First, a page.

A researcher assesses both the challenges and the potentially transformative power of global internet access.
As ubiquitous as the internet may seem, debut author Cashel observes, a considerable swath of the world—its poorest parts—remains without access to it, “locked out” of one of the most significant technological inventions of this era. But there are good reasons to believe that will change soon, in particular the plummeting costs associated with satellite technology, which effectively delivers faster and higher quality broadband service. In addition, major companies like Google and Facebook, with commercial interests in reaching more customers, are experimenting with new ways to supply the developing world with internet access. Facebook has been using drones as instruments of delivery, and Google has been harnessing balloons. Moreover, governmental institutions are making a contribution as well; in 2010, the United Nations established the Broadband Commission for Digital Development and considers the general adoption of broadband access central to the achievement of its other developmental goals for poorer nations. The author astutely raises an important question: How will the widespread promulgation of broadband—what Cashel calls the “Great Connecting”—affect otherwise disadvantaged populations? He provides a searching discussion of the many ways—financial, medical, political, and communicative, just to name a few—in which broadband will positively alter the socio-economic landscapes of the beneficiaries. In addition, the author assesses the challenges, particularly the use of the internet as a tool of extremist hate and political oppression. Finally, he presents a series of thoughtful solutions to these impediments and a kind of road map for governments and investors alike to accelerate the process and clear inevitable hurdles. Cashel is a researcher and visiting fellow at the Harvard Kennedy School of Government, and so it is unsurprising his study is impressively exacting. At the same time, it’s an exceedingly practical work and draws heavily not only on theory and data, but also on the author’s travels to the developing world. Unfortunately, his optimism can be excessive; for example, especially after the last year of revelations about Facebook’s business, it is remarkable he can write: “The good news is that Facebook does have in its mission statement—and undoubtedly in its corporate DNA—the idea of making the world a better place.” Still, this remains an incisive tour of a complex set of issues.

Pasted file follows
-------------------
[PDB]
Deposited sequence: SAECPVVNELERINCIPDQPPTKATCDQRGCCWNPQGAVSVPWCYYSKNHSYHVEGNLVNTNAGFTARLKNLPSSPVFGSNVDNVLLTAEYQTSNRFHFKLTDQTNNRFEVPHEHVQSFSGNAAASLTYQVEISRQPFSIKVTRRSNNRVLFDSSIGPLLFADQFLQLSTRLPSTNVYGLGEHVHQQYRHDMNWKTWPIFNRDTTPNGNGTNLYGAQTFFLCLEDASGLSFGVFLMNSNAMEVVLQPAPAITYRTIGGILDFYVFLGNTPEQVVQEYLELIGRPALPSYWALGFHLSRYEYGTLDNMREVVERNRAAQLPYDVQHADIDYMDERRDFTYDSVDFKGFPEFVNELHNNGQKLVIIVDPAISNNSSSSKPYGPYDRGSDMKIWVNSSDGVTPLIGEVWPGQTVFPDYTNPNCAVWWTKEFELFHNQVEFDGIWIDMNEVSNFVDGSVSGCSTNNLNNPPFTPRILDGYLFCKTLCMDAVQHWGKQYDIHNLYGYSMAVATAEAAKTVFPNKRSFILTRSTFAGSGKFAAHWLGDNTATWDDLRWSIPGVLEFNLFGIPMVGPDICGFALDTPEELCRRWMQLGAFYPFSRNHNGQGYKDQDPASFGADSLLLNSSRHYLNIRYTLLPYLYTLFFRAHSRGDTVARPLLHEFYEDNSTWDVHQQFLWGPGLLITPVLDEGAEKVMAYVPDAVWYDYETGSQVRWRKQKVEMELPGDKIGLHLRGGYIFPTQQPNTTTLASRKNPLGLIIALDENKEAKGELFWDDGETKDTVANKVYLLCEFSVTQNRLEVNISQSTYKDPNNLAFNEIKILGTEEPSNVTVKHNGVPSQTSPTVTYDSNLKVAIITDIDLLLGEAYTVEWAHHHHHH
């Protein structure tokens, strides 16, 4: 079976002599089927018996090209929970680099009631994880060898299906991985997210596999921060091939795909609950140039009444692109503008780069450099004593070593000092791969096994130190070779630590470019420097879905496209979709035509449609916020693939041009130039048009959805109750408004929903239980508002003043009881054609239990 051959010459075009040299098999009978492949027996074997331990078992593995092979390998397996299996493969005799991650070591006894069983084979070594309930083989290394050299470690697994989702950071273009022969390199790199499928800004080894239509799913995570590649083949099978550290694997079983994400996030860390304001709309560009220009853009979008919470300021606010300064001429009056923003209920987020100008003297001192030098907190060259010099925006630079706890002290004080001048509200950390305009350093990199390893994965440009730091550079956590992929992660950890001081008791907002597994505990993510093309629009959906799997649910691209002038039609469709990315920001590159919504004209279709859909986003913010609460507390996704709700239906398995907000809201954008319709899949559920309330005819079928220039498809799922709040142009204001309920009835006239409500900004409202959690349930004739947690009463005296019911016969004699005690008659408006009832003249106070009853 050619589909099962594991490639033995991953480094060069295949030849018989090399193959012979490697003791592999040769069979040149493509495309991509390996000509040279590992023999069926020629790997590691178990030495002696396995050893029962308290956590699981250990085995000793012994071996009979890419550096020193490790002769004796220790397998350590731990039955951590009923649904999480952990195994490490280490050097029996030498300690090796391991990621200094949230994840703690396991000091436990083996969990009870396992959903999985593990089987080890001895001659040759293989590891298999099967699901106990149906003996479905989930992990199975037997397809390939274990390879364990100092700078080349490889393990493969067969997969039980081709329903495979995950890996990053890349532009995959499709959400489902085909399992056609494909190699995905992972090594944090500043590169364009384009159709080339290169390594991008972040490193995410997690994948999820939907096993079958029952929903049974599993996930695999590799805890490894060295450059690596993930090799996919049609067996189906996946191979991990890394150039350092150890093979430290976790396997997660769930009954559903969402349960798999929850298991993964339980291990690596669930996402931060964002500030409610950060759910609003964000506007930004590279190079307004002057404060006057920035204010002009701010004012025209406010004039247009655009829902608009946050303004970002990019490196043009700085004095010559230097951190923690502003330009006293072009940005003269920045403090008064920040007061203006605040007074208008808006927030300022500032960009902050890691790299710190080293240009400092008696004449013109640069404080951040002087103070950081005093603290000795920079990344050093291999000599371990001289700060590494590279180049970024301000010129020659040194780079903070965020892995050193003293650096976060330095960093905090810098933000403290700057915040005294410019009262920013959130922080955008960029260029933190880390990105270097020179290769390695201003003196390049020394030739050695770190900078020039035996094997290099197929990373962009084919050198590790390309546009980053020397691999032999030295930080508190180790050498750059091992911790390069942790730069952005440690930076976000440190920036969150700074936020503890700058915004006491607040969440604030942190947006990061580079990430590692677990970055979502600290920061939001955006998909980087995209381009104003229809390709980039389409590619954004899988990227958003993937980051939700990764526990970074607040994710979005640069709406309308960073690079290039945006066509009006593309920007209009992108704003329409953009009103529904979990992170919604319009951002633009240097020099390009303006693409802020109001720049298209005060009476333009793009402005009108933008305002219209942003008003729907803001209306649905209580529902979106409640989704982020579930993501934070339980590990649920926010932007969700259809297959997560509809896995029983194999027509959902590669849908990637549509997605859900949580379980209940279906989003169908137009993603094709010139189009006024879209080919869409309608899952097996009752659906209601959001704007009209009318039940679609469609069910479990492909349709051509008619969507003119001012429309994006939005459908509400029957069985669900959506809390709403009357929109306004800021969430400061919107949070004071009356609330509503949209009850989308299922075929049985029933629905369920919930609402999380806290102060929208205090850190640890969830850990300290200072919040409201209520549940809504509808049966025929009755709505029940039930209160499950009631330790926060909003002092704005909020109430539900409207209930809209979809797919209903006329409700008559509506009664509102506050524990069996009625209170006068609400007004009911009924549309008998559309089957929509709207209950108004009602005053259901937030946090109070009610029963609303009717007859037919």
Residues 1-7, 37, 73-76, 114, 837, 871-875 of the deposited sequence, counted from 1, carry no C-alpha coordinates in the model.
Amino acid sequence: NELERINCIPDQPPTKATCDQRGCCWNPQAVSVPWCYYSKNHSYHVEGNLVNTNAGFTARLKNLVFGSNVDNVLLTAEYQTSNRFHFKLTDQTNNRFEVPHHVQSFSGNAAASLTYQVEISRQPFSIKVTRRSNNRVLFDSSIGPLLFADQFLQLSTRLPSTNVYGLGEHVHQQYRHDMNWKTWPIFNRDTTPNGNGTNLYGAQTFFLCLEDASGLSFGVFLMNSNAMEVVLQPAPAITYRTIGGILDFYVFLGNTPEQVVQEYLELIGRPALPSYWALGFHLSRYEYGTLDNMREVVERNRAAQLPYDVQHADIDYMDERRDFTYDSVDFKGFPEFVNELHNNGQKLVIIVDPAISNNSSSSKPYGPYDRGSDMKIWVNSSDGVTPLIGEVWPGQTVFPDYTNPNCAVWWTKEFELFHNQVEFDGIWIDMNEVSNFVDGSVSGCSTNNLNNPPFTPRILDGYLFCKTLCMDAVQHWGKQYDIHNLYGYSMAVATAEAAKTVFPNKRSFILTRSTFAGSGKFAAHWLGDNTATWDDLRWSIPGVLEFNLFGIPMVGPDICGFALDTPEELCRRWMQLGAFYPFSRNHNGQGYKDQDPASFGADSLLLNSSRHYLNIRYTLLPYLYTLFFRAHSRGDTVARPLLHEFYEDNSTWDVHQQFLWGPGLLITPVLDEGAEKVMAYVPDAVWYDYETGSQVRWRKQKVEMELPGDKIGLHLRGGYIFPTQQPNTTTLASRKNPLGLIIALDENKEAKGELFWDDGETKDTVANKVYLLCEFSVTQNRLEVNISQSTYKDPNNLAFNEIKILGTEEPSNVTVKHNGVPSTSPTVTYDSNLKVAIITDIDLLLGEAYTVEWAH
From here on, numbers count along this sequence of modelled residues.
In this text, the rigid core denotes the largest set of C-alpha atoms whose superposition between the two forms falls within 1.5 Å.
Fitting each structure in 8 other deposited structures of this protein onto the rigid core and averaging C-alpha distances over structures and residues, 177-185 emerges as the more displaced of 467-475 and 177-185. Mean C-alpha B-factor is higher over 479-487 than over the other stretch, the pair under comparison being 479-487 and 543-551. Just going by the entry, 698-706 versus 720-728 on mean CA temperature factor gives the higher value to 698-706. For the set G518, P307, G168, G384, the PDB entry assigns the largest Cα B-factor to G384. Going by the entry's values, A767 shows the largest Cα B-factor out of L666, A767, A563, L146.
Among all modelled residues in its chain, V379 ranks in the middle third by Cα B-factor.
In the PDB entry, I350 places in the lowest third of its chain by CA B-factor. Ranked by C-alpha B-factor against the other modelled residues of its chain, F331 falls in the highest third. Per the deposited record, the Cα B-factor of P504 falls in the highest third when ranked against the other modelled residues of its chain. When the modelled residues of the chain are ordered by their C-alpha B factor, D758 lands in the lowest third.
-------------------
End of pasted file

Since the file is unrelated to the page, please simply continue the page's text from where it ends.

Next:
A thorough and concise look into the technologically saturated future.